The RPAVD methodology has been developed in recent years for the formation of multifunctional nanocomposite organic films showing an enhanced performance in applications, such as UV and gas sensors, lasing media, hydrophobic coatings, and encapsulation of fragile matter (Barranco and Groening, 2006; Aparicio et al., 2011, 2012, 2014, 2016; Idígoras et al., 2018; Alcaire et al., 2019a). In standard operation conditions, the RPAVD method consists of the thermal evaporation of the precursor molecules in the afterglow region of a microwave plasma supported by electron cyclotron resonance (ECR), i.e., in a downstream configuration (see Scheme 1B). The substrates are placed facing the evaporation source and back to a microwave plasma discharge. The deposition is carried out with the substrates at room temperature and in the presence of Ar as plasma gas. In our previous articles, we have focused on the application of this method to the development of layers fabricated with organic functional materials as flavonols, perylenes, rhodamines, and adamantane (Barranco and Groening, 2006; Aparicio et al., 2011, 2012, 2014, 2016; Idígoras et al., 2018; Alcaire et al., 2019a). Herein, we include two modifications, on one hand, the use of metal conjugated molecules, metal porphyrins and phthalocyanines, and on the other, the use of oxygen-rich plasmas and plasma etching post-treatments. The use of metallorganic molecules will pave the way for the development of metal and metal oxide layers, meanwhile, the application of oxygen plasma procedures will allow the formation of columnar oxide layers. Figure 1 gathers different cross-section and normal view SEM micrographs of representative samples prepared by this method (Table 1 in the Experimental Section includes the detailed experimental conditions). Samples labeled as SUBL were fabricated by the direct sublimation of the molecules without plasma activation (panels a-c), RPAVD-Ar were deposited applying a remote Ar plasma (d) and RPAVD-O2 combining Ar and O2 as plasma gases (e-i). All the experiments were carried out with the substrates at room temperature except the example in panel (c). Parameters, such as the deposition rate, thickness, substrate geometry, and plasma power were tuned to show an overview of the versatility of the method. Thicknesses and growth rates were monitored by a QCM and settled in the range between 200 and 600 nm and 0.4 and 0.8 Å/s, respectively. The microstructures of the samples both in cross-section and planar view are obviously different. The thermal evaporation conditions produce a polycrystalline conformation (Borras et al., 2010) with randomly oriented grains formed by the metallic complex molecules. The Ar plasma-assisted deposition generates smooth samples with almost inappreciable features at the nanoscale. This is in good agreement with previous results regarding the RPAVD deposition of organic functional molecules showing root mean square roughness in the order of 0.5 nm (in 1 × 1 μm) for films several hundred nanometers thick (Idígoras et al., 2018; Alcaire et al., 2019a). The RPAVD-O2 conditions yield in all the cases a nanocolumnar morphology. These columns present narrow diameter and length size distributions, giving rise to highly homogeneous samples with well-defined features. The conditions selected in Figure 1 produce samples with column widths in the order of 65 nm for both CuPc and PtOEP precursors, panels (f) and (g), correspondently. The columns present homogeneous thicknesses and widths from top to bottom. However, it is important to address that the nanocolumnar formation is preceded by a continuous layer. The thickness of this layer ranges from 75 (g) to 130 nm (f). This result might be in concordance with previous reports in the literature about the plasma enhanced chemical vapor deposition (PECVD) of nanocolumnar thin films (Borras et al., 2007a,b, 2012). These articles demonstrate that the eventual formation of the columns depends on both the shadowing effects (also depending on the sticking coefficient of the ad-species) and the roughness of the surface, in the way that a minimum roughness threshold is required to develop the initial shadowing mechanism responsible for the growth of this type of morphology (Coll et al., 2019). Higher sticking coefficients are indeed related to the application of O2 plasmas where the ad-species are easily oxidized at the surface of the growing films in comparison with Ar plasmas, usually determined by a pronounced diffusion-enhanced mechanism (Borras et al., 2007b). This also explains that the intermediate film is thinner for higher power plasmas (600 W, panel g) than for the lower (300 W, panel f). It is also worth mentioning that in our particular case, the self-shadowing effects are barely affecting the growth of the columns since they present a homogeneous diameter along their length and not the characteristical thicker tips (Borras et al., 2007a,b). It is important to stress herein that the exploitation of the shadowing mechanism to generate under design nanocolumnar layers had been marked during the last two decades by the leading role of the glancing angle fabrication methods mostly based on physical vapor deposition (PVD) approaches, as thermal and e-beam assisted deposition and magnetron sputtering. In fact, very few reports have appeared regarding the glancing angle deposition by CVD or PECVD methods (Barranco et al., 2016). In PVD glancing angle u oblique angle depositions (GLAD or OAD), the directionality of the precursor vapor is well-defined with respect to the growing surface and the simple tilting or rotation of the substrates with respect to a punctual source of precursor provide a plethora of possible morphologies, from vertical to tilted columns, including zig-zag and sculptured samples for organic, metal, metal oxide hybrid and heterostructured composition, amorphous and crystalline microstructures (Barranco et al., 2016). Thus, this approach has been successfully applied in fields defined by on-surface or on-devices strategies like optics, photonics, microfluidics, photovoltaics, magnetism and nanosensors, and the relationship between microstructure, porosity and enhanced properties has been thoroughly analyzed. In this article, we present the results of the first set of exploratory experiments combining the RPAVD-O2 conditions with the tilting of the substrate with respect to the precursor evaporation sources (Figures 1h,i). This sample was deposited under the very same conditions (0.4 A/s, 300 W, O2 plasma) as sample in panel (e) but with the substrate forming an angle ß ~ 80° with respect to the evaporation flux and under reduced O2 pressure, i.e., 1 × 10−2 compared to 3 × 10−2 mbar (see Experimental Section). The cross-section image depicts the characteristic tilted nanocolumnar formation of the samples deposited under glancing angle conditions, with the columns forming an angle α ~ 23 ± 2° (Barranco et al., 2016) The width of the nanocolumns is thinner for the RPAVD-O2-GLAD (34 ± 5 nm) than for the equivalent RPAVD-O2 conditions (52 ± 5 nm). This image also shows the initial granular region at the interface with the substrate which under these conditions reaches up to 200 nm. The normal view image corroborates the tilted alignment of the sample but does not present the budling effects (i.e., the agglomeration of the tips of the columns in a determined direction) often presented by GLAD layers (Barranco et al., 2016). Although already mentioned, these are preliminary experiments that pave the way for an alternative plasma-based glancing angle deposition approach.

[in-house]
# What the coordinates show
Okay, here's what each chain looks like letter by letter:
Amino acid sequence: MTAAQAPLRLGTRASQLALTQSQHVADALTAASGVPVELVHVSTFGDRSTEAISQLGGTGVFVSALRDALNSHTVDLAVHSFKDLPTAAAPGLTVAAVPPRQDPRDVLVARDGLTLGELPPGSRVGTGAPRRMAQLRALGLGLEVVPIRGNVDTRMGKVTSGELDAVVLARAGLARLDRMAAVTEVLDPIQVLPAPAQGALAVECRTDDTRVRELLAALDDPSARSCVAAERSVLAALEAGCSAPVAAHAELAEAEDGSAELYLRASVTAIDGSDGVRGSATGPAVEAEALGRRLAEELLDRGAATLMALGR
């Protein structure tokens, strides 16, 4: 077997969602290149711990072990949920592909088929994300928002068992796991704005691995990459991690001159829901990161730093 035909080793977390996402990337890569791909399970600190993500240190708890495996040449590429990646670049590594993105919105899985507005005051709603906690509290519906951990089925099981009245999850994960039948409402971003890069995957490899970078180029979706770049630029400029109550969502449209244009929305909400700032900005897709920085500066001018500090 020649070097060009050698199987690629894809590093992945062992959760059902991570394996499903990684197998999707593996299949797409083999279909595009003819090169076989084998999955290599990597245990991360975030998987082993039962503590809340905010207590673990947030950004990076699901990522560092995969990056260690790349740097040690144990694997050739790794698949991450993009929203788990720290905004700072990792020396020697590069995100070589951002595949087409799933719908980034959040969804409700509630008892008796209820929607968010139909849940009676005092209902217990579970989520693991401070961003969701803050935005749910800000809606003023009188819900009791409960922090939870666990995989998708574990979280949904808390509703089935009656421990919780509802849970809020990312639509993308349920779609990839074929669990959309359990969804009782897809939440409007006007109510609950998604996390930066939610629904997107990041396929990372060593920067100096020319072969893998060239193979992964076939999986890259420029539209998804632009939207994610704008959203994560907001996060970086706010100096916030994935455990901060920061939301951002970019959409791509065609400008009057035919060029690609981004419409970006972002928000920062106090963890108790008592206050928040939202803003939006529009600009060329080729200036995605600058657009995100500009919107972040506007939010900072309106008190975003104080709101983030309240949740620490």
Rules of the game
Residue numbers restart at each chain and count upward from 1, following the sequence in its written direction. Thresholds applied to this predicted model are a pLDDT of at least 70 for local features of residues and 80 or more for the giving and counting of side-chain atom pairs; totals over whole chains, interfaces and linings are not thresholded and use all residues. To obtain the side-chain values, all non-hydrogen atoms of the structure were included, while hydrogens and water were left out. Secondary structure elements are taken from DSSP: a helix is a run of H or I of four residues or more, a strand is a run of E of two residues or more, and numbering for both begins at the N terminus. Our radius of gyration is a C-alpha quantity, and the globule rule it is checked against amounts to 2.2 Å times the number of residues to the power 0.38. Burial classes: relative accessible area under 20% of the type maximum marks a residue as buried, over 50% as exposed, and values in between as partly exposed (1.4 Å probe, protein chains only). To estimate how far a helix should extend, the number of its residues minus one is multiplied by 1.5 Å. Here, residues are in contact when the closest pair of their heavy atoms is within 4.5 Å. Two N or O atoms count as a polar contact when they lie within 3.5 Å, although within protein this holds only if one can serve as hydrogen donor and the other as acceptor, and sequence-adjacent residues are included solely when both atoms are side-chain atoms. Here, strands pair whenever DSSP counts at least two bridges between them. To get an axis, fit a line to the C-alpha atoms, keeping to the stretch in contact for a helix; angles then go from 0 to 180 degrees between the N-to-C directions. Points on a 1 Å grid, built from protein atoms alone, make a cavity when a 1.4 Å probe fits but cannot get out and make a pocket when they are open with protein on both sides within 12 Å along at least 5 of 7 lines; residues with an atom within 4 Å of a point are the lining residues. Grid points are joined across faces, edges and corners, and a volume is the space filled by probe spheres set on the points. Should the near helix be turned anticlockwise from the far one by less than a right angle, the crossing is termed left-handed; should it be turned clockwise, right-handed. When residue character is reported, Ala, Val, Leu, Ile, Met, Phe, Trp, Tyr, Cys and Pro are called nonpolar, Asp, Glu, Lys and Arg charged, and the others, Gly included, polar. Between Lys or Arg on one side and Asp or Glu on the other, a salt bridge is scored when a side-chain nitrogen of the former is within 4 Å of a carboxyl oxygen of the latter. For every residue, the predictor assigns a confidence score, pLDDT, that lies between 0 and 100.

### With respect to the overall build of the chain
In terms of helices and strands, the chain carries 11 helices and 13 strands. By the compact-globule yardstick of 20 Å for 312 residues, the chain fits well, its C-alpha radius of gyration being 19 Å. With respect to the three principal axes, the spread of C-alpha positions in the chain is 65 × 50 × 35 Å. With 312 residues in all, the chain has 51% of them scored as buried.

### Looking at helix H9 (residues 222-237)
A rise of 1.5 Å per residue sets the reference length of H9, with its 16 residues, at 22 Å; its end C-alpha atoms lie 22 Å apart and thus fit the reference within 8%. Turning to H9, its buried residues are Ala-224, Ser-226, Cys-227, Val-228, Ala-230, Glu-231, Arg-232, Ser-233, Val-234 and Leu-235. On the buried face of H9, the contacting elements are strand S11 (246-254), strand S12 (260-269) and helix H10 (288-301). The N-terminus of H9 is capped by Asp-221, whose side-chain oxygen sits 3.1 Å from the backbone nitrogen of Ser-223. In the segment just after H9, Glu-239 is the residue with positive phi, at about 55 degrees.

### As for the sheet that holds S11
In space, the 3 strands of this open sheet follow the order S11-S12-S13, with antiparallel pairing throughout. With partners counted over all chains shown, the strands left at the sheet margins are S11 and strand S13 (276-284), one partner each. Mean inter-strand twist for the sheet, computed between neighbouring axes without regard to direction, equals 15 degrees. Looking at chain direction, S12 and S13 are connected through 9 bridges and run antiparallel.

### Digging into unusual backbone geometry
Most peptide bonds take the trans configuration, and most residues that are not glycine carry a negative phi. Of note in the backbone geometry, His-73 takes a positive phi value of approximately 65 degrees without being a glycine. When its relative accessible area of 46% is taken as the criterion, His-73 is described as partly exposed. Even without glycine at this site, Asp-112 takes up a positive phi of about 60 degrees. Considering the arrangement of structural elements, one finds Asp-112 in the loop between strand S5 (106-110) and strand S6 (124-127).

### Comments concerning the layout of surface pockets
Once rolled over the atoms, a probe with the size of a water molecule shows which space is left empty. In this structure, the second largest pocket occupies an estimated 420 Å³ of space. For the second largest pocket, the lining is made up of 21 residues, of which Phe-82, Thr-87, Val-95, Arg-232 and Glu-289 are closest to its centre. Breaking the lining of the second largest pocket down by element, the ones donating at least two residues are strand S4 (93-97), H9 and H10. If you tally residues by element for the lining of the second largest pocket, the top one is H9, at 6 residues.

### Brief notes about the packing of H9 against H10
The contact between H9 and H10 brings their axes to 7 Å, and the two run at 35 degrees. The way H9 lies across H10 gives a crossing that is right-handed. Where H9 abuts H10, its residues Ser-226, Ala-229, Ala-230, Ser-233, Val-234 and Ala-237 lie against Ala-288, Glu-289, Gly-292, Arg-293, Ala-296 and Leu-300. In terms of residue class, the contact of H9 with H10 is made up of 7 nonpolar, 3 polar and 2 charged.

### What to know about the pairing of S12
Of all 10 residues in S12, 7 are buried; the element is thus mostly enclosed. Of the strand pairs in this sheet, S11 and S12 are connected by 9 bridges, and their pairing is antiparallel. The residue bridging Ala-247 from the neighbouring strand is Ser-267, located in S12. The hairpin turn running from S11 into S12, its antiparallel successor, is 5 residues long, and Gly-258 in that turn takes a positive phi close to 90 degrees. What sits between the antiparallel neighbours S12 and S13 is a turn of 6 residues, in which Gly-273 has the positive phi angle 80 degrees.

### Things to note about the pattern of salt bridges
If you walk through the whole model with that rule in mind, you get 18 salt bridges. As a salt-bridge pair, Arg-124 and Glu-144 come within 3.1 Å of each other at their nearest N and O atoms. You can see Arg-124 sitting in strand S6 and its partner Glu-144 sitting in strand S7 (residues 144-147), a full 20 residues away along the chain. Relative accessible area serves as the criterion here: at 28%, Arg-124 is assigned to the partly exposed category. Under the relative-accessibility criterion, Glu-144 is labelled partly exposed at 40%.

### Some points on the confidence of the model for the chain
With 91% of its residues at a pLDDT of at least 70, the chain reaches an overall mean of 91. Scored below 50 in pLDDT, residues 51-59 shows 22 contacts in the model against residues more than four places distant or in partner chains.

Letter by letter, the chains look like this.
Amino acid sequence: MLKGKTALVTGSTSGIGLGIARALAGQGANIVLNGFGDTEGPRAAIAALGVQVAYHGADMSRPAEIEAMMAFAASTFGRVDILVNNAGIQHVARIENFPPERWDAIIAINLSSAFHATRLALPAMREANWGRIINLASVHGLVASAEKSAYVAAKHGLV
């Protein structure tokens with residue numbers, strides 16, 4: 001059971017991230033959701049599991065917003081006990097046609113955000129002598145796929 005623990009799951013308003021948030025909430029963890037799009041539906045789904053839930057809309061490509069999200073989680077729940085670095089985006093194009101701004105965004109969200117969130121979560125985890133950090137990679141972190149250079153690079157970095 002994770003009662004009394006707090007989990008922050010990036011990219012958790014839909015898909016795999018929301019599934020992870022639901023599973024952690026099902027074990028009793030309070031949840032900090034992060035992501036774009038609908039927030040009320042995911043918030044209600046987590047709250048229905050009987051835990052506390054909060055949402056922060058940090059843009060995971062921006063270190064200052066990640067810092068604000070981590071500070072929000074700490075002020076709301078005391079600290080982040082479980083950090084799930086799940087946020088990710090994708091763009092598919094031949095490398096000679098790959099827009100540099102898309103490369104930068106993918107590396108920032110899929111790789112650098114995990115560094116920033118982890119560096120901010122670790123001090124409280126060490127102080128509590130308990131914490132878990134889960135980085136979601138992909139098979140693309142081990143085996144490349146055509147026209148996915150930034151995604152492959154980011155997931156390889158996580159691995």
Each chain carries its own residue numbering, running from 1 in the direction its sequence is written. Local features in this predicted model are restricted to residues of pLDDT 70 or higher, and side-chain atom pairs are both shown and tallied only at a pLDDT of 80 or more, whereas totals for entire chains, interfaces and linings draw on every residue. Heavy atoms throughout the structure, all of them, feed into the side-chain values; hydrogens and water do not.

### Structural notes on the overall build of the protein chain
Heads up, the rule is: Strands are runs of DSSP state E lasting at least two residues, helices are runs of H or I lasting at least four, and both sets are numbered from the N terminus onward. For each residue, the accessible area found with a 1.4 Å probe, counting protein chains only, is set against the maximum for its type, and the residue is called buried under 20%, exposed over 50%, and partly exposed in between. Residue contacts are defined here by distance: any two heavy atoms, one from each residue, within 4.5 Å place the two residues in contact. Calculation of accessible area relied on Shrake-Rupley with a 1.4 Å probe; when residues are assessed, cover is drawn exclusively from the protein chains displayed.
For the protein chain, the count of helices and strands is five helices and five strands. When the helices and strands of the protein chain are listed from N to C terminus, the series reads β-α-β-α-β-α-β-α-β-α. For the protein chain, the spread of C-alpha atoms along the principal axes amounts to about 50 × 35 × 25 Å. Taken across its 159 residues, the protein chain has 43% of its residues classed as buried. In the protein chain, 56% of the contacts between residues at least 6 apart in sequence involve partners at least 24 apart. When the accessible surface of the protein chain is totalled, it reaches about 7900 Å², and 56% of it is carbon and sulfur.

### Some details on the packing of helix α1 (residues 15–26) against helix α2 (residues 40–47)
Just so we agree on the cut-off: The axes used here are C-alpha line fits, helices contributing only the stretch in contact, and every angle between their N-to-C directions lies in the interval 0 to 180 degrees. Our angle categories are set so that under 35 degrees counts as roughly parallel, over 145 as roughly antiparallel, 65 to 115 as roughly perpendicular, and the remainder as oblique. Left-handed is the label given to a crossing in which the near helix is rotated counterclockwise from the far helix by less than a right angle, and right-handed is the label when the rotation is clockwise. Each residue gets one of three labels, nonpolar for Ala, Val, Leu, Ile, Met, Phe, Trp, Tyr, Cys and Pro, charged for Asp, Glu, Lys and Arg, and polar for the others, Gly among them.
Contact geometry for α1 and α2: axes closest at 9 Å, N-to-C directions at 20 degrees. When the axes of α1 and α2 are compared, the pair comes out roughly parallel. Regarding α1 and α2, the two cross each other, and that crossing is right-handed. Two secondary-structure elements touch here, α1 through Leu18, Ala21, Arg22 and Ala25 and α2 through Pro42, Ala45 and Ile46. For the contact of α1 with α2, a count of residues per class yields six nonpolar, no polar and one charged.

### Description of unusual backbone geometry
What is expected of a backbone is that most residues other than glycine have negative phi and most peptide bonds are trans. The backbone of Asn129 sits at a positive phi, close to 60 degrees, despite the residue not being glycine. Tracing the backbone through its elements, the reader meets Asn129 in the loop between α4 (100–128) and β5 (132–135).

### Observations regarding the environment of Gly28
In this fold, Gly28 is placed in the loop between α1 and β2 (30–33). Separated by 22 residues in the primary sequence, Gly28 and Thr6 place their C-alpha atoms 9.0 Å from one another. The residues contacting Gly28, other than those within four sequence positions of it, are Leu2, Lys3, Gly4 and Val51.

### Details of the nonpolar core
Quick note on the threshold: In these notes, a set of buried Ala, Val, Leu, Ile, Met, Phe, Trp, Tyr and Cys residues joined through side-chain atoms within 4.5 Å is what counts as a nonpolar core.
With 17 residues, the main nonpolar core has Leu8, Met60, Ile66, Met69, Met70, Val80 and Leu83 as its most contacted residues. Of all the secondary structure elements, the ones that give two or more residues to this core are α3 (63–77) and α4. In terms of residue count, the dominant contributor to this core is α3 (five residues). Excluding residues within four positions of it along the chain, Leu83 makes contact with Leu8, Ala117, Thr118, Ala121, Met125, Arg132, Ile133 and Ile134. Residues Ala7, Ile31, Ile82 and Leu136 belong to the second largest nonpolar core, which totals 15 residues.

Figure 1. Planar view and cross-section SEM micrographs of representative samples as labeled (see also Table 1 at the Experimental Section): (a,b) planar and cross-sections corresponding to the direct sublimation of ZnPc molecules with the substrate at room temperature; (c) Planar view of a CuPc sublimated sample with the substrate temperature at 200°C; (d) Cross-section of a sample Remote plasma assisted vacuum deposited sample of PtOEP using Ar plasma; (e–g) planar (left) and cross-section (right) views of ZnPc, CuPc, and PtOEP molecules deposited by RPAVD-O2; (h,i) Planar and cross-section views of the ZnPc deposition at glancing angles supported by remote oxygen plasma.